A tip from Angus: Captain’s Varnish is a smooth laying varnish to work with but Flagship has more UV. He mixes them to get the best qualities from both. That is a new one on me as I always preferred the Captain’s for the ease of use. It works.While the engine was suspended in the GB32 it was a perfect time to clean that area – which obviously been overlooked in the vessel’s past. The tanks are now sitting in place. There is still a bit of work to go before plumbing them up. We had originally planned the job to use 4 tanks instead of two but later decided the bigger tanks would go in. Work on the Legacy is moving along now with Super-Tom on the case. We are removing all the gelcoat on the flange with grinders. You can see a bit of cracking under the top layer of fiberglass indicating that this is a high stress area. It more visible with the surface wetted.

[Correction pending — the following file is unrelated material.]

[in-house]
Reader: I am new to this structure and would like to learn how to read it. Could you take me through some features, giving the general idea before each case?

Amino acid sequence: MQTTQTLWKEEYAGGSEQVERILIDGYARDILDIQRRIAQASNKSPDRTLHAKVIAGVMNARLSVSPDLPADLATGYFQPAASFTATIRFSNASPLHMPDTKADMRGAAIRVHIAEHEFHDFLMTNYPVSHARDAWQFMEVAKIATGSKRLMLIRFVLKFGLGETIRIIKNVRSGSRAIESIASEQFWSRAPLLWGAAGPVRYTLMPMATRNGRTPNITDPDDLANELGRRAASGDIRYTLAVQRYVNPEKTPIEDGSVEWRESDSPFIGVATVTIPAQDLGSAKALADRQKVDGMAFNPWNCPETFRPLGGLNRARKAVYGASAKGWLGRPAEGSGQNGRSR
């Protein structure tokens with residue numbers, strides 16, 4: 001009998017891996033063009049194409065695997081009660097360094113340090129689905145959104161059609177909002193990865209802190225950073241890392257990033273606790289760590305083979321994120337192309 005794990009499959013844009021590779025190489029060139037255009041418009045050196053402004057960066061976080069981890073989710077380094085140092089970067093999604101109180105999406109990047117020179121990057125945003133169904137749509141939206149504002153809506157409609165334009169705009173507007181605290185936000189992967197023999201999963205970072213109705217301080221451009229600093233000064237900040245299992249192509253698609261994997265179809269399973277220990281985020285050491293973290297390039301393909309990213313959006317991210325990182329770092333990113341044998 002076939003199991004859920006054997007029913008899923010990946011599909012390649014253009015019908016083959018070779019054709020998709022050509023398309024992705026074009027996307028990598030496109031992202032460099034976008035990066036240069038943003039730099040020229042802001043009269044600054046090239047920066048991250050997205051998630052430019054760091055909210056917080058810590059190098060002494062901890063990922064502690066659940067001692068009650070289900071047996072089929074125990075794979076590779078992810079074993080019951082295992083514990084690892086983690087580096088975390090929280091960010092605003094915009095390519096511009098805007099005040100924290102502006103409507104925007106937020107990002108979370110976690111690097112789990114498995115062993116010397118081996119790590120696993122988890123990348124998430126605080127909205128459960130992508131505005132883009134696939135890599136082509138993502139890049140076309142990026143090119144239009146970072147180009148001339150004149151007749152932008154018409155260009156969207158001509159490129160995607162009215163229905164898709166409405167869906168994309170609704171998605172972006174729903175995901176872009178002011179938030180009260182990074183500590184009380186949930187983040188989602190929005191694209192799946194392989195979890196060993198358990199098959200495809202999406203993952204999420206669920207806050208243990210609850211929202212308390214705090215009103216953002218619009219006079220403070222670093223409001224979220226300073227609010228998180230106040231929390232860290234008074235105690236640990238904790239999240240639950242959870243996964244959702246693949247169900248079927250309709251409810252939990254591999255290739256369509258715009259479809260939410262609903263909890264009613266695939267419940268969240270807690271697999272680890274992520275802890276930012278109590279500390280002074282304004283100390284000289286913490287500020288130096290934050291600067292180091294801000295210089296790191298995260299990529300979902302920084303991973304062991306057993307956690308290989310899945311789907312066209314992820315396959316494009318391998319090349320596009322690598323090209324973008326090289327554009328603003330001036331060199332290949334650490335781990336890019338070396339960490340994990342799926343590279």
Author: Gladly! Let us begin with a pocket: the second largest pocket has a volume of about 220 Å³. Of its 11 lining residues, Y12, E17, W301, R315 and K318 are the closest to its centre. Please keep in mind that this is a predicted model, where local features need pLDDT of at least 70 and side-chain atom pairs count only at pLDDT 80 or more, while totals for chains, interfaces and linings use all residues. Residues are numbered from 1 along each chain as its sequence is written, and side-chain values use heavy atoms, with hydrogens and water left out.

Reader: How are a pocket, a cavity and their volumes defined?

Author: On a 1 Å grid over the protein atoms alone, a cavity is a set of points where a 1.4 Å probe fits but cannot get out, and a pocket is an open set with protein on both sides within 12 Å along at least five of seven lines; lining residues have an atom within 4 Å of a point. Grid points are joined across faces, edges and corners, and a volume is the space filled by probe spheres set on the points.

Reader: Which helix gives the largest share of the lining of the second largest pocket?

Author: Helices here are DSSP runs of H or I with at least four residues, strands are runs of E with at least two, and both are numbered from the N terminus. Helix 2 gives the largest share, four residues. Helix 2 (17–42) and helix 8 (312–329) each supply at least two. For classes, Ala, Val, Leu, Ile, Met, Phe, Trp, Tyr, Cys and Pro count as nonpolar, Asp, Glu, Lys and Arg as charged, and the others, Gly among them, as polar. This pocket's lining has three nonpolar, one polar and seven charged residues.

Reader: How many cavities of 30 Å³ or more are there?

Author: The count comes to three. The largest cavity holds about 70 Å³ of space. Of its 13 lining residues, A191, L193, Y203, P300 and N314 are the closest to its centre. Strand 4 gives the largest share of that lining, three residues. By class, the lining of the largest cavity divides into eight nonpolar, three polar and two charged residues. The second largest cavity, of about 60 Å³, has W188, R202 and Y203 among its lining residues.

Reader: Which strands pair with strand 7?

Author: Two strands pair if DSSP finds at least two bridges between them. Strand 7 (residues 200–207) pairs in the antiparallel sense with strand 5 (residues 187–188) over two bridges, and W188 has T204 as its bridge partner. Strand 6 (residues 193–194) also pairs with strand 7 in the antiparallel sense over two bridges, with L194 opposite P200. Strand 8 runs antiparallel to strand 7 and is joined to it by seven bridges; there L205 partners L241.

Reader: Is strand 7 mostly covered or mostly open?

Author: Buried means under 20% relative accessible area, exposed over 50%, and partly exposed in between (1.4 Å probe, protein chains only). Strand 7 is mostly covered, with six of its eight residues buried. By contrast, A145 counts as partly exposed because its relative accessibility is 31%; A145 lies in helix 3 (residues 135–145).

Another day in paradise – if it weren’t beginning to get crazy. The pace has picked up and more and more work is being ordered. Some of it could have been done during the winter had we known but now we call it “making hay while the sun shines”. The bottom of the Albin is ready for some light sanding and fairing before laying on the barrier coat. Since this process did eat into the primer that was there and we weren’t sure whether it was a barrier coat or just primer, we do have to apply barrier since the boat will never be in this condition again (assuming the owner sticks to ablative paint.) This Grady White has 3 whopper outboards on it – Yamaha 350 HP V8’s. You can imagine the fuel burn on this puppy. It was due for launching tomorrow but due to the threat of rain his plan has changed to Monday. The varnish crew is turning out some fine work right now. It helps that it got warm before the pollen comes out.